Military Campaign Stories

Book Review: Donovan by Richard B. Dunlop

Book Review: Donovan by Richard B. Dunlop

One of the most celebrated and highly decorated heroes of World War I, a noted trial lawyer, presidential adviser and emissary, and Chief of America’s Office of Strategic Services during World War II, William J. Donovan was a legendary figure. Donovan, originally published in 1982, penetrates the cloak of secrecy surrounding this remarkable man. During the dark days of World War II, "Wild Bill" Donovan, more than any other person, was responsible for what William Stevenson, author of "A Man...

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Five Myths About The Vietnam War

Five Myths About The Vietnam War

Ken Burns and Lynn Novick say their multi-part PBS documentary about the Vietnam War was intended to unpack a complex conflict and to embark upon the process of healing and reconciliation. The series has catapulted the Vietnam War back into the national consciousness. But despite thousands of books, articles and films about this moment in our history, there remain many deeply entrenched myths about the Vietnam War. Vietnam War Myth NO. 1 - The Viet Cong Was a Scrappy Guerrilla Force Fighting a...

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Berlin Airlift

Berlin Airlift

After World War II, the Allies partitioned Germany into a Soviet-occupied zone, an American-occupied zone, a British-occupied zone, and a French-occupied zone. Berlin, the German capital city, was located deep in the Soviet zone, but it was also divided into four sections. In June 1948, the Russians–who wanted Berlin all for themselves–closed all highways, railroads, and canals from western-occupied Germany into western-occupied Berlin. This, they believed, would make it impossible for the...

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Operation Crazy Horse (1966)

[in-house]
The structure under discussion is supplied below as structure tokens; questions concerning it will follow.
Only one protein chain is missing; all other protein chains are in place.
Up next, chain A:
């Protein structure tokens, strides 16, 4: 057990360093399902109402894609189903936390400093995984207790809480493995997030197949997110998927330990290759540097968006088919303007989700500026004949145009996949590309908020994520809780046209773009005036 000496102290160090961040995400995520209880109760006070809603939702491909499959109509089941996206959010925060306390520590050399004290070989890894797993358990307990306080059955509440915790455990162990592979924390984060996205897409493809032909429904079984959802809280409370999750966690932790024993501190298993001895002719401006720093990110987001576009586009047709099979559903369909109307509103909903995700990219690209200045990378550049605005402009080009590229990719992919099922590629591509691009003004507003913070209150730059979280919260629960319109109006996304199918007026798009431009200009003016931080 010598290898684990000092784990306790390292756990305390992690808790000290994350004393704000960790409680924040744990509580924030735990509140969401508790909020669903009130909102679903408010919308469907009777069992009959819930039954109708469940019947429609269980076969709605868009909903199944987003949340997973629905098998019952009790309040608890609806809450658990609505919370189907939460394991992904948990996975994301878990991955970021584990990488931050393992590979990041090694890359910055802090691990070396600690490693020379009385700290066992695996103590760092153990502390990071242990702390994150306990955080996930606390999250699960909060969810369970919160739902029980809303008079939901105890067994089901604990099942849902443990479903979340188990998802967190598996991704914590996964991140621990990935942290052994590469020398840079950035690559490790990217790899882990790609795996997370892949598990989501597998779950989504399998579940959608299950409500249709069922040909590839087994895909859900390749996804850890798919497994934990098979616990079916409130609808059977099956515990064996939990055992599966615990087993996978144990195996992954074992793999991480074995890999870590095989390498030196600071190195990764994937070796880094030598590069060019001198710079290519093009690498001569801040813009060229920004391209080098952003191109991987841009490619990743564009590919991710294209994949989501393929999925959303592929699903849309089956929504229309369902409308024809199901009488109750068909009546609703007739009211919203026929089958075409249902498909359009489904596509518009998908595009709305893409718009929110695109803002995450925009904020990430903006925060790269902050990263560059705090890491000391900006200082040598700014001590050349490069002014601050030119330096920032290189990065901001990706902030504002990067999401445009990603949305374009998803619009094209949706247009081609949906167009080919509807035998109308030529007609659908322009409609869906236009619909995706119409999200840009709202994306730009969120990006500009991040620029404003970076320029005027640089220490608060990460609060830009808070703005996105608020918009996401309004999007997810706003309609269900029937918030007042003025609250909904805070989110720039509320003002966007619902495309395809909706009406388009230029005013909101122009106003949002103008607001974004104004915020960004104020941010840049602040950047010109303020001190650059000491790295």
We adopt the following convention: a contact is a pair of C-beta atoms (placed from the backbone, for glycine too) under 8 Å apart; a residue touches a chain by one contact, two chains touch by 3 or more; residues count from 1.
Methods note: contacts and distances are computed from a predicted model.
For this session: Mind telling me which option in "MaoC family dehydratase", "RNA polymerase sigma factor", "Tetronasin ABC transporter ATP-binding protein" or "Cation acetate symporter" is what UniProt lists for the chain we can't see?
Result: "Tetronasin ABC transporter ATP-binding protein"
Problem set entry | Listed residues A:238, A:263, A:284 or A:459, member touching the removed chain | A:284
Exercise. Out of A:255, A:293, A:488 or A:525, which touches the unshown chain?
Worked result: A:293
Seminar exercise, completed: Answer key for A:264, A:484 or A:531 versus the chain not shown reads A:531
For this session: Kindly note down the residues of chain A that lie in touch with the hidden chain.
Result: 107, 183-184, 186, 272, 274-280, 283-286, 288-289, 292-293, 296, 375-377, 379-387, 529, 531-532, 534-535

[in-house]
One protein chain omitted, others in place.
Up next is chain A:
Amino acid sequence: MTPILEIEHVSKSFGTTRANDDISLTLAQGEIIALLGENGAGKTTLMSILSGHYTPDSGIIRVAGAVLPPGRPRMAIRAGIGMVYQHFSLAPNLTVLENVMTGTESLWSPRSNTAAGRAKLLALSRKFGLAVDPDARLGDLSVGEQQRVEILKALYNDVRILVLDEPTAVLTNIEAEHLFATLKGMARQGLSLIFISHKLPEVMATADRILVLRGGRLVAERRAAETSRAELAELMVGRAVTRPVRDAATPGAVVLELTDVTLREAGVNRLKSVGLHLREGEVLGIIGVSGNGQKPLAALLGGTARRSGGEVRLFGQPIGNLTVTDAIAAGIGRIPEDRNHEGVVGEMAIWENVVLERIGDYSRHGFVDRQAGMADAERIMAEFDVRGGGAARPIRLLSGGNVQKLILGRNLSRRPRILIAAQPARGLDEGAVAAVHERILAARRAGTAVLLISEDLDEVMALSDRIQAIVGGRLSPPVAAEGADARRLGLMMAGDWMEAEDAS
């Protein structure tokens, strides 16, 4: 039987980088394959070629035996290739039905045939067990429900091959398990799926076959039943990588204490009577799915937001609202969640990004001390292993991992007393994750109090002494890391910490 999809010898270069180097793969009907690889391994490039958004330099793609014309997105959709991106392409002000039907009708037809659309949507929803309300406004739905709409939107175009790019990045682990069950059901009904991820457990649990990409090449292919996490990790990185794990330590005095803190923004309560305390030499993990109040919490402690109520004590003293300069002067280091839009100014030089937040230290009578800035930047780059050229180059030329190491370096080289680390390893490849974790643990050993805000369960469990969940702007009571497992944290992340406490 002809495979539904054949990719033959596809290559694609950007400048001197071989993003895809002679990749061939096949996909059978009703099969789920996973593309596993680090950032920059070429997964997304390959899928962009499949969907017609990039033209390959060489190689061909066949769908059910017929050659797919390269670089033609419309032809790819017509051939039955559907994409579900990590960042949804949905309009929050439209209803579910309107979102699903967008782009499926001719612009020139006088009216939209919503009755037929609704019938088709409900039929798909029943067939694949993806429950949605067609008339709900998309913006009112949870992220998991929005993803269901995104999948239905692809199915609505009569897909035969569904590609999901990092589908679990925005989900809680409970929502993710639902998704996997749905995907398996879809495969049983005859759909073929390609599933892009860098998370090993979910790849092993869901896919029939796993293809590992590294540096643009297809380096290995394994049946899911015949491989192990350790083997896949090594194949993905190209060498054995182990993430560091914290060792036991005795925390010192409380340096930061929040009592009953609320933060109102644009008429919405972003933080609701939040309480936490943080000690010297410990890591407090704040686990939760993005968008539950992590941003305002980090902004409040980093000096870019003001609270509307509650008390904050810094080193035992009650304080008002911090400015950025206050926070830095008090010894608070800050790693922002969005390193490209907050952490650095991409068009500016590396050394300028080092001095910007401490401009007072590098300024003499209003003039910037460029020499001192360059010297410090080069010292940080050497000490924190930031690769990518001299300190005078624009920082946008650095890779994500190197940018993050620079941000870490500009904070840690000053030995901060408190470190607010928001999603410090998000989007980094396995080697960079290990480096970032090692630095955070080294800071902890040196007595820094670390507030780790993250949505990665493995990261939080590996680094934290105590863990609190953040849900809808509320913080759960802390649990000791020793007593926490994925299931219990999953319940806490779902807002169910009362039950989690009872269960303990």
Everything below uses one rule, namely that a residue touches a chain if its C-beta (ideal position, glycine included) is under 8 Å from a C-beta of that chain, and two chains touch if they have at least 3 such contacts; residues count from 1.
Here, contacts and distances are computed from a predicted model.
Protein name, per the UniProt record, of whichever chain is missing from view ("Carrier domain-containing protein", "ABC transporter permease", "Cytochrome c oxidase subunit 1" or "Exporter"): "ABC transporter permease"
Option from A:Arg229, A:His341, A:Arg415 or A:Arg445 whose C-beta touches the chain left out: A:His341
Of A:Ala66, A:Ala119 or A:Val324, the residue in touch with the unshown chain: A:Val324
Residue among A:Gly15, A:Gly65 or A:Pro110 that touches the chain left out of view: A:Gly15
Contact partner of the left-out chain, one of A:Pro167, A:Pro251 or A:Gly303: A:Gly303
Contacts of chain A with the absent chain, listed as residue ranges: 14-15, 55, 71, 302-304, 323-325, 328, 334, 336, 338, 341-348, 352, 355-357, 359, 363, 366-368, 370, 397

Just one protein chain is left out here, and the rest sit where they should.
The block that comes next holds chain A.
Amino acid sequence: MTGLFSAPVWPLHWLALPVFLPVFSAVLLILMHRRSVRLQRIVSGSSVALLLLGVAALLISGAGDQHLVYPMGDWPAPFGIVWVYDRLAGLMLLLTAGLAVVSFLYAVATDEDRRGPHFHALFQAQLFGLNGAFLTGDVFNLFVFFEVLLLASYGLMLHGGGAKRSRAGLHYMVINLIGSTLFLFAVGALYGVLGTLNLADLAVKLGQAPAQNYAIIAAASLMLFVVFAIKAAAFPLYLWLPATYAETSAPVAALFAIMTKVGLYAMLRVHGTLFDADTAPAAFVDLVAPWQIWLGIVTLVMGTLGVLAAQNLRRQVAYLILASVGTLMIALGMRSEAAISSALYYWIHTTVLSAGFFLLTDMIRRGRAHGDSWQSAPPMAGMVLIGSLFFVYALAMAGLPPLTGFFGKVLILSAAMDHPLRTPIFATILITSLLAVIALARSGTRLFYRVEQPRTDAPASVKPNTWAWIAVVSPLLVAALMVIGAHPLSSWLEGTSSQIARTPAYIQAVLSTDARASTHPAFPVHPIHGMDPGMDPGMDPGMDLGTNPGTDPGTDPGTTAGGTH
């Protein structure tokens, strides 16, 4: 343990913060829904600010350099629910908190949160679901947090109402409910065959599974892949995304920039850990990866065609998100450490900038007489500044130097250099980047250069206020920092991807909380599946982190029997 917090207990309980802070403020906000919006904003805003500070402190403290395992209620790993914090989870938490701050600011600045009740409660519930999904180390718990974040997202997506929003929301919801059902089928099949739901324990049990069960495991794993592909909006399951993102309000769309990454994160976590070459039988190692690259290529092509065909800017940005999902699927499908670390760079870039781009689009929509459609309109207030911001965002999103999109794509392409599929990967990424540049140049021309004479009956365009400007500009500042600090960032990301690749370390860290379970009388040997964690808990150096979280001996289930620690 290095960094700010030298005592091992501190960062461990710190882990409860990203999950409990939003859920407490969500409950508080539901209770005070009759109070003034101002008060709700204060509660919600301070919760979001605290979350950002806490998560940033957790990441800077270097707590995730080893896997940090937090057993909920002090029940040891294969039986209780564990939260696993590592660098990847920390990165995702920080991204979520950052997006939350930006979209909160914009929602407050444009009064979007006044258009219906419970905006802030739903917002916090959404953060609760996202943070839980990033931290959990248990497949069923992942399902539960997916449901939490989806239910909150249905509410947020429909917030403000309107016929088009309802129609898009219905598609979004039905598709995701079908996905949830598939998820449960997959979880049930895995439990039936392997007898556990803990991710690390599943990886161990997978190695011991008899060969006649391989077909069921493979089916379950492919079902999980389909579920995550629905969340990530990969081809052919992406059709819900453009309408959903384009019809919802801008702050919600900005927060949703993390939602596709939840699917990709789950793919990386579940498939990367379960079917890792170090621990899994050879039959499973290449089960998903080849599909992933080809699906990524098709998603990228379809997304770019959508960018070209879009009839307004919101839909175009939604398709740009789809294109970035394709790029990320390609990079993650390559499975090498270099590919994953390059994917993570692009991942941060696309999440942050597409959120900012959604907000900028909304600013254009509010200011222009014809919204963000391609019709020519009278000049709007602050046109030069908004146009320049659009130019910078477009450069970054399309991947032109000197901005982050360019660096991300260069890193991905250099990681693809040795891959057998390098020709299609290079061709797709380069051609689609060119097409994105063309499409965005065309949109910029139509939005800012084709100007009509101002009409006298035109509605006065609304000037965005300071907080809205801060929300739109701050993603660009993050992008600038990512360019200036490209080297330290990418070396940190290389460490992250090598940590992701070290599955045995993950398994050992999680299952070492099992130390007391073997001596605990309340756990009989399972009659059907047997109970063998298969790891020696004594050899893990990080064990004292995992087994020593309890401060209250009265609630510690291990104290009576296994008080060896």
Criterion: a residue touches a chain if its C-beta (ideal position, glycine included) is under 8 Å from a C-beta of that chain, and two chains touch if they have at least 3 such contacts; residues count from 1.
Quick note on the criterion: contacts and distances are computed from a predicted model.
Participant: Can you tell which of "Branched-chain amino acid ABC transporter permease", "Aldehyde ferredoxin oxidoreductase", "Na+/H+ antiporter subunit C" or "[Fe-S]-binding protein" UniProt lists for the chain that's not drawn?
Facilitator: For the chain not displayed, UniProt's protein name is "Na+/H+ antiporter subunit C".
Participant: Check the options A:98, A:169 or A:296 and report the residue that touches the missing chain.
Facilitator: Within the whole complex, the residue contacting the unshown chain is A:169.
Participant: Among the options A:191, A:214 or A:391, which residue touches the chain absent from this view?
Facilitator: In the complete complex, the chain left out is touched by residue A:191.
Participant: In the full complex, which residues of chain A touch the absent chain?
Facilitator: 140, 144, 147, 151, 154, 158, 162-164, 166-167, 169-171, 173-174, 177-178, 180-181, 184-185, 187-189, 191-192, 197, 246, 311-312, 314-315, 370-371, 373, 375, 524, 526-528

Operation Crazy Horse (1966)

Twenty-three Montagnard mercenaries led by Special Forces Sergeants Burton Adams and David Freeman moved quietly through the front gate of the Vinh Thanh Special Forces camp on May 15, 1966, and slipped into the early morning darkness and light fog. Like other patrols sent out over the past week, they were hoping to find anything that would confirm a captured Viet Cong's claim that a combined North Vietnamese Army/Viet Cong force would soon attack their camp. The patrol members moved to the...

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PO3 Isaac Sidney (Sid) Caesar, U.S. Coast Guard (1939-1945)

PO3 Isaac Sidney (Sid) Caesar, U.S. Coast Guard (1939-1945)

Sid Caesar, the king of 50s variety TV, got his start in comedy thanks to his years of service in the US Coast Guard. Together We Served honors a comedy legend. PO3 Isaac Sidney (Sid) Caesar, U.S. Coast Guard (1939-45) Isaac Sidney (or Sid) Caesar, of the US Coast Guard between 1939 and 1945, is known for being a comedian and TV star of the 50s that inspired many of the household names of today. Elevating TV comedy from simple slapstick to more sophisticated sketch comedy was just one element...

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Dutch Girl by Robert Matzen